All About Eyewear For Cycling
Cycling eyewear is about a lot more than fashion! Good glasses protect your peepers, improve your vision, reduce fatique and help shield your face from the sun. Here's how to pick a pair:
Why Wear Sunglasses?
Sight is an amazingly complicated sense. Your eyes continually move and adjust, receiving a constant flow of information. Normally, all this activity happens routinely and without noticeable strain. When cycling, however, you are affected by glare and the sun’s ultraviolet radiation. Glare is annoying and discomforting causing your eyes to work harder, contracting your pupils, narrowing your eyelids and causing muscle fatigue. It also reflects off roads, traffic, water, snow, concrete and the glass in buildings.
Ultraviolet radiation (UV) is the invisible part of the light made up of UVA, UVB and UVC rays. Studies have shown that prolonged exposure to UV rays can cause many eye problems, such as cataracts, sunburn to the eyelids, macular degeneration, even skin cancer around the eyes. It's also one of the leading causes of vision loss among older Americans.
This is why quality eyewear is such an important cycling accessory. Good glasses help us see comfortably and clearly in sunlight, they counteract the discomfort caused by glare, and reduce the threat of permanent damage that could lead to cataracts and other eye diseases. The best cycling glasses reduce glare, filter out 99 to 100% of UV rays, provide visual protection, are comfortable and lightweight, stay in place on the face and do not distort colors.
Tips on Selecting Cycling Eyewear
We recommend wrap-style frames to protect your eyes from wind and debris. These offer more coverage and tend to stay in place better. To help control against fogging, look for air holes or vents in the frame or lens. If you ride in severe conditions, such as racing downhill, you may want to consider a goggle style.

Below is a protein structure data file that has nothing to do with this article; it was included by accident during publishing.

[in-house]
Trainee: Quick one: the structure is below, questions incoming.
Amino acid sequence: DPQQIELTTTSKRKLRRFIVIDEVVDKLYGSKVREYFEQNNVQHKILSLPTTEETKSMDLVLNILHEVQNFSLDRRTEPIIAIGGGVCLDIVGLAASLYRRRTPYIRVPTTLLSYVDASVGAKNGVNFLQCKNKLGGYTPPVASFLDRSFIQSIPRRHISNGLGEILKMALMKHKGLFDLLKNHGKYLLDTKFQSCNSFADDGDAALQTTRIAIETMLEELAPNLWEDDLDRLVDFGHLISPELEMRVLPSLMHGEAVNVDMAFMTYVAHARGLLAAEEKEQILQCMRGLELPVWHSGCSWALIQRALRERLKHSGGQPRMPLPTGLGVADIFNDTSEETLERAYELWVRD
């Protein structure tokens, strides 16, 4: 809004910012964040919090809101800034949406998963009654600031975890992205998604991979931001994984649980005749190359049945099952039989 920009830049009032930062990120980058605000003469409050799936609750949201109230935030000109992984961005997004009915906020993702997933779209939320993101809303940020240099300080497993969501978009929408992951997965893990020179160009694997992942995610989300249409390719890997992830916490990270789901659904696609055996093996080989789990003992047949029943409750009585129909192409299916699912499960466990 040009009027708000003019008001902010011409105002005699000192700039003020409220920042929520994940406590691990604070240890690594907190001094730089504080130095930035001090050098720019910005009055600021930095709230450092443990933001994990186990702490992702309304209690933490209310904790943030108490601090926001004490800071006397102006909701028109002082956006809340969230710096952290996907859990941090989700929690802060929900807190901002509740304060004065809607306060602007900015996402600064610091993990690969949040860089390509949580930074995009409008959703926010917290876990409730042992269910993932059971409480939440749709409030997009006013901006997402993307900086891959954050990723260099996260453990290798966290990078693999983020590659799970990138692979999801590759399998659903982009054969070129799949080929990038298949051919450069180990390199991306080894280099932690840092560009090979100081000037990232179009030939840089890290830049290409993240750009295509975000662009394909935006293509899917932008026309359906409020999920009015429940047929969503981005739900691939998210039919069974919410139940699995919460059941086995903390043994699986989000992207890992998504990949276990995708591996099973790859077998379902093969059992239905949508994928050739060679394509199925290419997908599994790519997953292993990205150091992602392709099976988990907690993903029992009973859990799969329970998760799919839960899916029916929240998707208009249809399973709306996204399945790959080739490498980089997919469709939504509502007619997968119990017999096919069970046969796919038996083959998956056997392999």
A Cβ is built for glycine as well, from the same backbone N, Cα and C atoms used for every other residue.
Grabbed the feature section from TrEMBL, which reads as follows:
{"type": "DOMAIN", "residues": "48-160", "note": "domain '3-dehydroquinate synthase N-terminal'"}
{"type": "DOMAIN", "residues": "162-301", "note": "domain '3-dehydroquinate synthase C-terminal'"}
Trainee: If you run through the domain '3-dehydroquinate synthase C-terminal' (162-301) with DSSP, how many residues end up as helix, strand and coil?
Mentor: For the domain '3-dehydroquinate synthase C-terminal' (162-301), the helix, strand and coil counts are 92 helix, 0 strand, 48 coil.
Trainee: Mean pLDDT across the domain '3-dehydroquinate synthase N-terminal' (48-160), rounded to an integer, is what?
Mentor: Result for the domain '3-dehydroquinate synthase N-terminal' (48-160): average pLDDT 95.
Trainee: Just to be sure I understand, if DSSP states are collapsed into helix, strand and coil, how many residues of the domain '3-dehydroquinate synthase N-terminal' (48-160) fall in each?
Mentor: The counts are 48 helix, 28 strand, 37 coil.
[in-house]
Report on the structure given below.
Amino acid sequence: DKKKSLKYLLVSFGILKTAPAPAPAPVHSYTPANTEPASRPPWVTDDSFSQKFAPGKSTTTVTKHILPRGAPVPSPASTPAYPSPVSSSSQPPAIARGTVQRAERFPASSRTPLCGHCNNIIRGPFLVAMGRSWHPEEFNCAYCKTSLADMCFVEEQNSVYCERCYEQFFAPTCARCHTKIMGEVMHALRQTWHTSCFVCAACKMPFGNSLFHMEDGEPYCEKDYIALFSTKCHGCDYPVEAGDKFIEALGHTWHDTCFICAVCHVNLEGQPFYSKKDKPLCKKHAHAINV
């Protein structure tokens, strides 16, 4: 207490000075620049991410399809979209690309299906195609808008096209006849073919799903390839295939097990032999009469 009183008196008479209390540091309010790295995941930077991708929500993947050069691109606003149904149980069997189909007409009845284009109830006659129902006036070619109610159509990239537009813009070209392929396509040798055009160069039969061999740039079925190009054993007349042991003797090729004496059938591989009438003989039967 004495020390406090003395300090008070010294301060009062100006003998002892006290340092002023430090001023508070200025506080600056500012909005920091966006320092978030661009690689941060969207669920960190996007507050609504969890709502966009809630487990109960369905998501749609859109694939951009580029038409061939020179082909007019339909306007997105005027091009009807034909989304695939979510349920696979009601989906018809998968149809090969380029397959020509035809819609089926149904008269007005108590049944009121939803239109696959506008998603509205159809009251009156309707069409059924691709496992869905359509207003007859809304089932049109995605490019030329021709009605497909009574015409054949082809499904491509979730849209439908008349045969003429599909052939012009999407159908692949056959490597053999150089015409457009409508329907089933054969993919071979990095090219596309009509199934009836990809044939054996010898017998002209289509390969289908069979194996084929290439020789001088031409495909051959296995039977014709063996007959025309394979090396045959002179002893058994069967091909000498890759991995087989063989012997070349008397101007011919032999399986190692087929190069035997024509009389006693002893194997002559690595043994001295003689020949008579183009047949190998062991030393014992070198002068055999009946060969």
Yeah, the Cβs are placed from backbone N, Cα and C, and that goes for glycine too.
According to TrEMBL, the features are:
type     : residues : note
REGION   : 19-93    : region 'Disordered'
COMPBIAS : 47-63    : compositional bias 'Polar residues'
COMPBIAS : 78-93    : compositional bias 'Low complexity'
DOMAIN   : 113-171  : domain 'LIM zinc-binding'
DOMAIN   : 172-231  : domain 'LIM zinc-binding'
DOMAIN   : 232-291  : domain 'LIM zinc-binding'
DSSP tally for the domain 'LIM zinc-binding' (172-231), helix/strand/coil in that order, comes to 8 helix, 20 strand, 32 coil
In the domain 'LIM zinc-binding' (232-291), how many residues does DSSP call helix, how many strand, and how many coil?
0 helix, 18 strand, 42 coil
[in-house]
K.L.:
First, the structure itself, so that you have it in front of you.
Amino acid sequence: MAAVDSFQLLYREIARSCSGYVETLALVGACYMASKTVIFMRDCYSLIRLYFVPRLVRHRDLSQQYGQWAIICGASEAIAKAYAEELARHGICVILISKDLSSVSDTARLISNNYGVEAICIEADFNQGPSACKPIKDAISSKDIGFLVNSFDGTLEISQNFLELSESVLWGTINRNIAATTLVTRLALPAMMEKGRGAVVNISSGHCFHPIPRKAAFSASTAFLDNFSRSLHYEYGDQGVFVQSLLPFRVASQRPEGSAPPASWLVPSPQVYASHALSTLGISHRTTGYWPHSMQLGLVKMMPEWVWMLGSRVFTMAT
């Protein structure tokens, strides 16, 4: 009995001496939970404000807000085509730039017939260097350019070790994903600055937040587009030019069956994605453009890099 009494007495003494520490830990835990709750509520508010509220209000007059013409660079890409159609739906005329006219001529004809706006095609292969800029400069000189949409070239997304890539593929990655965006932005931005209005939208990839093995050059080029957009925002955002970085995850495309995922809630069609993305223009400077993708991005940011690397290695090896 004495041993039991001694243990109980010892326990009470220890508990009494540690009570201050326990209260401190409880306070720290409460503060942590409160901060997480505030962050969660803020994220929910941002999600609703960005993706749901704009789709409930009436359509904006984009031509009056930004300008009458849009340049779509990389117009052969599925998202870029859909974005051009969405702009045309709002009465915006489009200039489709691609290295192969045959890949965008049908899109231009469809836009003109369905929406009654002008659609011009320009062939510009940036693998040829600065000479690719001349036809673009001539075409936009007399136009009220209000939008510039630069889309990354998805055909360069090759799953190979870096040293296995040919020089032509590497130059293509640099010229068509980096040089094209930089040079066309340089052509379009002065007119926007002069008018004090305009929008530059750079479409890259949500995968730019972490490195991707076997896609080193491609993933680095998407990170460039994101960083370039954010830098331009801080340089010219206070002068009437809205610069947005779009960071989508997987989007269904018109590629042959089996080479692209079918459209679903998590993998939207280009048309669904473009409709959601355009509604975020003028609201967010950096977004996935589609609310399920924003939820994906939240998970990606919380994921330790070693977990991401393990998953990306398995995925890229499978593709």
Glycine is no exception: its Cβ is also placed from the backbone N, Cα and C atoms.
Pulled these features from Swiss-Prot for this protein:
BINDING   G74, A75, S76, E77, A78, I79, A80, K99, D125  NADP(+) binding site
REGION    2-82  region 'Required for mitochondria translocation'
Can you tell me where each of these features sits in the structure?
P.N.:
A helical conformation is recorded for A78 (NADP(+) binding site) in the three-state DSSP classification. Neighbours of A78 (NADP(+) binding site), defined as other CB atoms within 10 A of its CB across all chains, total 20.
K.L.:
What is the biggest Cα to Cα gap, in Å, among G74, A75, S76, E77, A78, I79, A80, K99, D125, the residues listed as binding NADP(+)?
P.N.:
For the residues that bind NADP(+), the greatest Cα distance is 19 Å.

Look for lenses that offer 100% UV protection. Today's lenses are usually made of polycarbonate, a tough plastic with excellent impact resistance for durability and to protect your eyes from airborne debris. Because glare reflecting off the road can be an issue, you may want to consider glasses with polarized lenses, which absorb 98% of glare to improve vision and also allow seeing objects in their true colors.
The lens color affects how you see also. That's why some models come with one or more different color lens so you can swap to fine-tune your glasses to the conditions. It's also possible with most eyewear to replace the lens with a different color. Here's a rundown of what the different colors are best for.
Choosing a Lens Color
Brown and amber: These are the best lens colors for high glare. They allow excellent contrast and their dark color minimizes eye strain. They're effective for absorbing most blue light waves, which sharpens visual acuity, improving depth perception and contrast in variable light conditions. Amber is popular for cycling, skiing and general use. On the down side, amber distorts colors, making greens greener and causing neons to fade.
Gray: This is a neutral color that provides natural contrast and gives true color perception. It's a good, general-purpose color.
Green: A good all-purpose lens color, green provides a fair amount of contrast in low-light conditions and reduces eye strain in bright conditions.
Yellow: A long-time standard for skiing, yellow provides excellent depth perception and contrast in low light.
Vermillon or rose: This is a general-purpose tint that heightens visual acuity, enhances color while improving contrast. It is also ideal for flat light conditions. Many people consider rose soothing and comfortable over a long period of time.
Like regular sunglasses, you'll find cycling eyewear in a wide range of styles and prices. There are even models that accommodate prescription lenses. When shopping, keep in mind that a quality pair of cycling glasses can last for many years. So, come on in and let us help you select a pair that's right for you and your eyes. You'll be glad you did!